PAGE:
• Monica Fields

Do Process Servers Get Killed?

Updated: Feb 18

“Don’t shoot the messenger.”- Henry IV, part 2, Shakespeare, 1598 AD

With the turmoil in the United States today, security has become forefront.

From a recent poll, by Serve Now, 42% of the respondents indicated they had taken additional precautions to ensure his/her personal safety.

At the top of the list are using your common sense and awareness techniques. Unfortunately, they only go so far!

When emotions are peaked

It can be difficult for those who are receiving the documents to comprehend that the process server {by law} is technically an uninvolved third party to his/her case.

Try to remain calm and know you have a plan. Be prepared.

The professionals use a coding system for being prepared in the field.

The code ranges from red which is the fight mode to white where there is no conflict. You should be aware of your immediate area in what is considered orange mode where you are quick to react to potential hazards.

View the ‘whole picture’ before you approach the door.

Try to maintain a distance of about 2 ½-feet between you and the client you are serving. Your personal space can help you defend yourself in case of attack.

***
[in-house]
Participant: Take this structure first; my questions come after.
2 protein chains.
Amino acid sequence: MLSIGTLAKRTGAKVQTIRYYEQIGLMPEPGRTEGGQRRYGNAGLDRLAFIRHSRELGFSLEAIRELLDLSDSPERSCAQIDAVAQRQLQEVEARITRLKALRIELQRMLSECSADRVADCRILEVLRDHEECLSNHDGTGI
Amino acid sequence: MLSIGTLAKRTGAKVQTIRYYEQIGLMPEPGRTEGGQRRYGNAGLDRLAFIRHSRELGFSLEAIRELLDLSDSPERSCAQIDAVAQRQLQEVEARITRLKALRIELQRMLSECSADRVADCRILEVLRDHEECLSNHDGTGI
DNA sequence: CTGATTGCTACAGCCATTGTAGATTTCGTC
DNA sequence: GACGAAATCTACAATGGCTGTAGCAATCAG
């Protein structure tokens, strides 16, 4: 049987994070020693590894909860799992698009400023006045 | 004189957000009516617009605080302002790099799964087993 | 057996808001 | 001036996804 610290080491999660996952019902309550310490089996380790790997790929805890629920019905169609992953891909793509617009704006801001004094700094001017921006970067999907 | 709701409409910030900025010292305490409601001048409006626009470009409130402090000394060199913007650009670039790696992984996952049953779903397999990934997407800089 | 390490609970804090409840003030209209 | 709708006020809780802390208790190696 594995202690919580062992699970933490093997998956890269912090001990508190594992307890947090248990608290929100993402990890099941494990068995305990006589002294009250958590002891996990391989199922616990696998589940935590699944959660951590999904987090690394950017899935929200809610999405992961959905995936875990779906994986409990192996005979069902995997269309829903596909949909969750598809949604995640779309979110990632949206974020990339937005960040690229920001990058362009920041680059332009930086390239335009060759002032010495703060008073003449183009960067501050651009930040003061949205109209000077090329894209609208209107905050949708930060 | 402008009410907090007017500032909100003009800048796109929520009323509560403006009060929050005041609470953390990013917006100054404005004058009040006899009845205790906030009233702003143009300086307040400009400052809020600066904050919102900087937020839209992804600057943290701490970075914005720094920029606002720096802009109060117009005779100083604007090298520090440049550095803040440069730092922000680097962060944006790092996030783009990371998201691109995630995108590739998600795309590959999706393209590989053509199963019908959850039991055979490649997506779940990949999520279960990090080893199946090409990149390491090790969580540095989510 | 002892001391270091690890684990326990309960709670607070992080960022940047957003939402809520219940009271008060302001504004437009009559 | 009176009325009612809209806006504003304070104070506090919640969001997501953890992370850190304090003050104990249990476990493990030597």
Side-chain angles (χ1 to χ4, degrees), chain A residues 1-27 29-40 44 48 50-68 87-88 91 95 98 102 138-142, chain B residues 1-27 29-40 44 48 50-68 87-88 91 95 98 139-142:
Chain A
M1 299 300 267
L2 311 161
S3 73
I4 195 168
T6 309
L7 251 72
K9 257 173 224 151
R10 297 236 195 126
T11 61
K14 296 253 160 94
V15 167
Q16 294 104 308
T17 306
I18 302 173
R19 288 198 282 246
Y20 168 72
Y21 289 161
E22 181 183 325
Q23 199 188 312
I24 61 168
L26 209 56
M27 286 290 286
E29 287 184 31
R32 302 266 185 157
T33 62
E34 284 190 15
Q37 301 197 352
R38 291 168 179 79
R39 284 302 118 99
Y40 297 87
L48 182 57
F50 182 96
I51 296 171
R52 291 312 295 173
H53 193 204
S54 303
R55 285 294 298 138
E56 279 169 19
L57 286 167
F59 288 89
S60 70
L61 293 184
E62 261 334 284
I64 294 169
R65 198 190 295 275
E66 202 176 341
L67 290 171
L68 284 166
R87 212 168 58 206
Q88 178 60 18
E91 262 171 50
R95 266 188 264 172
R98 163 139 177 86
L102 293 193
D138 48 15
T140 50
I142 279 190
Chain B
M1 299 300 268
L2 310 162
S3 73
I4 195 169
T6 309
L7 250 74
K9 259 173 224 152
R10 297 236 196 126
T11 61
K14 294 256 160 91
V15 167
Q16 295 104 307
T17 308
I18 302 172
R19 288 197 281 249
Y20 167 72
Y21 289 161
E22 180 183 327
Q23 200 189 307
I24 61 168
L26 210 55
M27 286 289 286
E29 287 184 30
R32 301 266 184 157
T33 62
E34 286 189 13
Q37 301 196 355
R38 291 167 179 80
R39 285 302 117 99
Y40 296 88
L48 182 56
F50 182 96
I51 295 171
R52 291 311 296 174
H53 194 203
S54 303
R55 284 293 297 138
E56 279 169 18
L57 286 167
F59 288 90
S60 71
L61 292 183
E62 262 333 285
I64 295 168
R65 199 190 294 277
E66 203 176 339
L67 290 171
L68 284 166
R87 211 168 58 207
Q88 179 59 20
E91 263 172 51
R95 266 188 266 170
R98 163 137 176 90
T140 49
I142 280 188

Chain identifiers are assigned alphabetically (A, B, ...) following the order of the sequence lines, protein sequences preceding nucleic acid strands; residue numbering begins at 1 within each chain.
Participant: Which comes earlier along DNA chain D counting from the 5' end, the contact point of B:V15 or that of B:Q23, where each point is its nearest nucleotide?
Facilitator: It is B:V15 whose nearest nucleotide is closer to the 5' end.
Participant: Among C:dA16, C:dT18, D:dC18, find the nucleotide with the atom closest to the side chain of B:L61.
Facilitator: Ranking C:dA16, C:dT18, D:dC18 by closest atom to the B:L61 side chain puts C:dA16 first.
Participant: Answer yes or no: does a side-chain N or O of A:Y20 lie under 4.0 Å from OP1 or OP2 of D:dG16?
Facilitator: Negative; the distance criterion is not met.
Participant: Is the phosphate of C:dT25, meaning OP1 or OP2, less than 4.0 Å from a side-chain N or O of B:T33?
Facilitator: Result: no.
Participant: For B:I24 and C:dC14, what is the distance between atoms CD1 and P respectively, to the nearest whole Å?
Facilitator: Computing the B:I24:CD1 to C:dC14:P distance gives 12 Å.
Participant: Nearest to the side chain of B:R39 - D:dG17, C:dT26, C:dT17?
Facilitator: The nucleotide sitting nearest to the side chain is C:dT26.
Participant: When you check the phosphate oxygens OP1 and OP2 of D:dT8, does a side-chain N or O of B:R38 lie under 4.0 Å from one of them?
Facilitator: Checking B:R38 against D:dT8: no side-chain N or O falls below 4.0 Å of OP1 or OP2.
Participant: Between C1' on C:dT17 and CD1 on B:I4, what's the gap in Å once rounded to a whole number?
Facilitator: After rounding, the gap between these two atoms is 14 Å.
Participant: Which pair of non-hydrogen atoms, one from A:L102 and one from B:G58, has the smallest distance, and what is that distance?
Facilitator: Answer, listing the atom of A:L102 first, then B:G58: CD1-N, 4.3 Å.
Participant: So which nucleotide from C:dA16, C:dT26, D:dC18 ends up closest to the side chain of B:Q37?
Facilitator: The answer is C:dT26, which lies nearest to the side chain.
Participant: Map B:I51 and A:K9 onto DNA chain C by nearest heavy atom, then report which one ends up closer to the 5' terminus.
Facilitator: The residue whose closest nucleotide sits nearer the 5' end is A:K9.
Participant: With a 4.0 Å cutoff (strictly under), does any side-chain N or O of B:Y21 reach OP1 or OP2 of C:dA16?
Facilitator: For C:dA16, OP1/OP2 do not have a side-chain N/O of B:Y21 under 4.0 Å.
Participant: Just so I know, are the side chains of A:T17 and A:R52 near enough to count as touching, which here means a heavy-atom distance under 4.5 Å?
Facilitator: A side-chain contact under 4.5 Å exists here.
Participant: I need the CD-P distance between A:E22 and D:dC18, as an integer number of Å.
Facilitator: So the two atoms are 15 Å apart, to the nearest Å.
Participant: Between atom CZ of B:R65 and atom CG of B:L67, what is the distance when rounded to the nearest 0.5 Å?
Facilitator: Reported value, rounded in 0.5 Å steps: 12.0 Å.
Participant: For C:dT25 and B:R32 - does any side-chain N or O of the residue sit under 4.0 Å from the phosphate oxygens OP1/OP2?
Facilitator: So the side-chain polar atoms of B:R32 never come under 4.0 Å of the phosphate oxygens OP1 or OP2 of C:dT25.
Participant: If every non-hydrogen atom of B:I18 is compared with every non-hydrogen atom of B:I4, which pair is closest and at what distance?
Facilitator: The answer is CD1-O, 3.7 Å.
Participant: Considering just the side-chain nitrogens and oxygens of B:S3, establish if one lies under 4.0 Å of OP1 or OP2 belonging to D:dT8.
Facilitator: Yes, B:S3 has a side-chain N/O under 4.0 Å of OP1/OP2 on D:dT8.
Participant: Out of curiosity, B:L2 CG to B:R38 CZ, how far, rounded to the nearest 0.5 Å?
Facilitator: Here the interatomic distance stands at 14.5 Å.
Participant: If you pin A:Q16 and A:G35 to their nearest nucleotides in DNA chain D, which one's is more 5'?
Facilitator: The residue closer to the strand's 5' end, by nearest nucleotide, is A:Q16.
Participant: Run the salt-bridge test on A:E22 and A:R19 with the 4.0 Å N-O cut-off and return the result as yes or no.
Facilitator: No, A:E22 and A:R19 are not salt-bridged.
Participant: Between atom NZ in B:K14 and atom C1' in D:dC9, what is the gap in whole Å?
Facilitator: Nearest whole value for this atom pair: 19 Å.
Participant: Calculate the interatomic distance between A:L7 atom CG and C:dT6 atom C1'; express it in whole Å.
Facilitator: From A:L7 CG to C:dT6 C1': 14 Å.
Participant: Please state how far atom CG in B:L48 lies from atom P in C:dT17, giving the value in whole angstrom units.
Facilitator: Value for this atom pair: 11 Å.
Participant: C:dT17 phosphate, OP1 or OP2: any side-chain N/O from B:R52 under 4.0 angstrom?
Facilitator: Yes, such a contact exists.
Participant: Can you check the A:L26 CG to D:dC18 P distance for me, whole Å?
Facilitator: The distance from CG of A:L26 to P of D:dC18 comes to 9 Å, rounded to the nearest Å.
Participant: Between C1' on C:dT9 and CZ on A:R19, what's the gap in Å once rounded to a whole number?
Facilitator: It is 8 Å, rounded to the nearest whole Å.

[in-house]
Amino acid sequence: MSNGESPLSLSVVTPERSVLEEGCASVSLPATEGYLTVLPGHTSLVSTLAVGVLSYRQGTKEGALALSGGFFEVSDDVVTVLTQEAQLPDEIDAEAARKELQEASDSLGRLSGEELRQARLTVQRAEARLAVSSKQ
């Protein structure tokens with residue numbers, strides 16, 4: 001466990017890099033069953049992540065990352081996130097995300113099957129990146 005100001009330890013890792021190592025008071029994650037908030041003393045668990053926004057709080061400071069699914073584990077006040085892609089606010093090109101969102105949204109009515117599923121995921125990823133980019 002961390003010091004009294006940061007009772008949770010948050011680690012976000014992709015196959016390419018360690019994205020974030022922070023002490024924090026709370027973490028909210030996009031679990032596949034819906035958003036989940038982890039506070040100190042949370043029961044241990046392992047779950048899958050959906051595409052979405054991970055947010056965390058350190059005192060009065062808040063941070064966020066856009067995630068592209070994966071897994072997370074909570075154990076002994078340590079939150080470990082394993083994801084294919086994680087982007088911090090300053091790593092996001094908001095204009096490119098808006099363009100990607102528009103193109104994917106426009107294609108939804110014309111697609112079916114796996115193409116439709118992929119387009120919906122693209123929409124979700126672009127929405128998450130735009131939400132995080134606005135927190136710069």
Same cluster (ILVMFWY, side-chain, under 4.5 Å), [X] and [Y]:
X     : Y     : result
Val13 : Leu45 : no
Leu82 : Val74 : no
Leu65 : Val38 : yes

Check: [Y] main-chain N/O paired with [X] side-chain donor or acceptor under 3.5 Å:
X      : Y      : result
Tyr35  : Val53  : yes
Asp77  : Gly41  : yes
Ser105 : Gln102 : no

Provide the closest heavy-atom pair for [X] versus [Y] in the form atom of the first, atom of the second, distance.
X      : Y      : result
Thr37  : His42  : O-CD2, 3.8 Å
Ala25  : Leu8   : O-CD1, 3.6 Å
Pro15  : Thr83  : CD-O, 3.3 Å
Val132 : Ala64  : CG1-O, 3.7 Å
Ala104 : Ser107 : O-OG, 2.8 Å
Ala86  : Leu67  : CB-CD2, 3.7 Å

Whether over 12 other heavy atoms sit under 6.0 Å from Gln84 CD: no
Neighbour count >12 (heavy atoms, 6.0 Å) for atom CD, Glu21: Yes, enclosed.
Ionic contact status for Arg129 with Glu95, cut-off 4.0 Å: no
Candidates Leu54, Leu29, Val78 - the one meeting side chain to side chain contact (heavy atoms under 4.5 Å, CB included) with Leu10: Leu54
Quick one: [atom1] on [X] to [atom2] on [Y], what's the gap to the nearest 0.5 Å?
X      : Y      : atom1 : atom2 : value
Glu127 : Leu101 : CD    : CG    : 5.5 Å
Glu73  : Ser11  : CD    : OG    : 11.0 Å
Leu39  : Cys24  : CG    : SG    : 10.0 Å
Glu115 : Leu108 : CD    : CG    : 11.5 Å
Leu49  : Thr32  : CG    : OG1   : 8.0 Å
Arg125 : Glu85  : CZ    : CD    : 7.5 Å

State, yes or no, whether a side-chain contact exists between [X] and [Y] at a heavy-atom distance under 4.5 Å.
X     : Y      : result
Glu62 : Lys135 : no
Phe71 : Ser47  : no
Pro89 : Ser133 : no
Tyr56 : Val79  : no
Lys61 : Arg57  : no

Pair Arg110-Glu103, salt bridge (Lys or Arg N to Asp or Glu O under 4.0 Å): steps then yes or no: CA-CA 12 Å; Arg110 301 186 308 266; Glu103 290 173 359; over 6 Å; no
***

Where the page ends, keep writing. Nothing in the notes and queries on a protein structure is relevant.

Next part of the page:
Think of the possible scenarios before you come in direct contact with the individual. This approach is why continued training is important to you, your business, and in general your life.

Follow these basic tips:

Never park in a space where you can be blocked in by another vehicle.

Have a plan of action.

Before approaching the domain, know where the exits are located.

Have your cell phone charged and handy at all times.

Never turn your back on the person who is receiving the papers. It is impossible to know for sure what reaction you will receive.

Expect the unexpected and use your common sense at all times.

Trust your ‘gut instinct’ if you believe you’re in a dangerous situation. Just leave!

If you are pretty sure you will create drama, (ex. divorce papers or a restraining order), request law enforcement meets you at the location.

Most process servers depend on the ‘gut’ instinct on a daily basis. If a situation doesn’t feel right, leave it.

Remain professional and courteous at all times, even if the client loses his/her temper. Try to keep a smile on your face and keep your personal space.

The debate of firearms is one many processors consider. Some individuals believe carrying a container of pepper spray is all that is needed.

Others do carry a gun, but are well-trained and practice on the range. Many are required to pass a bi-annual shooting test to renew the license. Back to an adage,

“When in doubt, leave it out.”

"Fear is for the weak"

And, if you don't let yourself fear, then you won’t be less. Strength and professionalism go hand and hand. The strong are more likely to succeed in the corporate world than the timid.”

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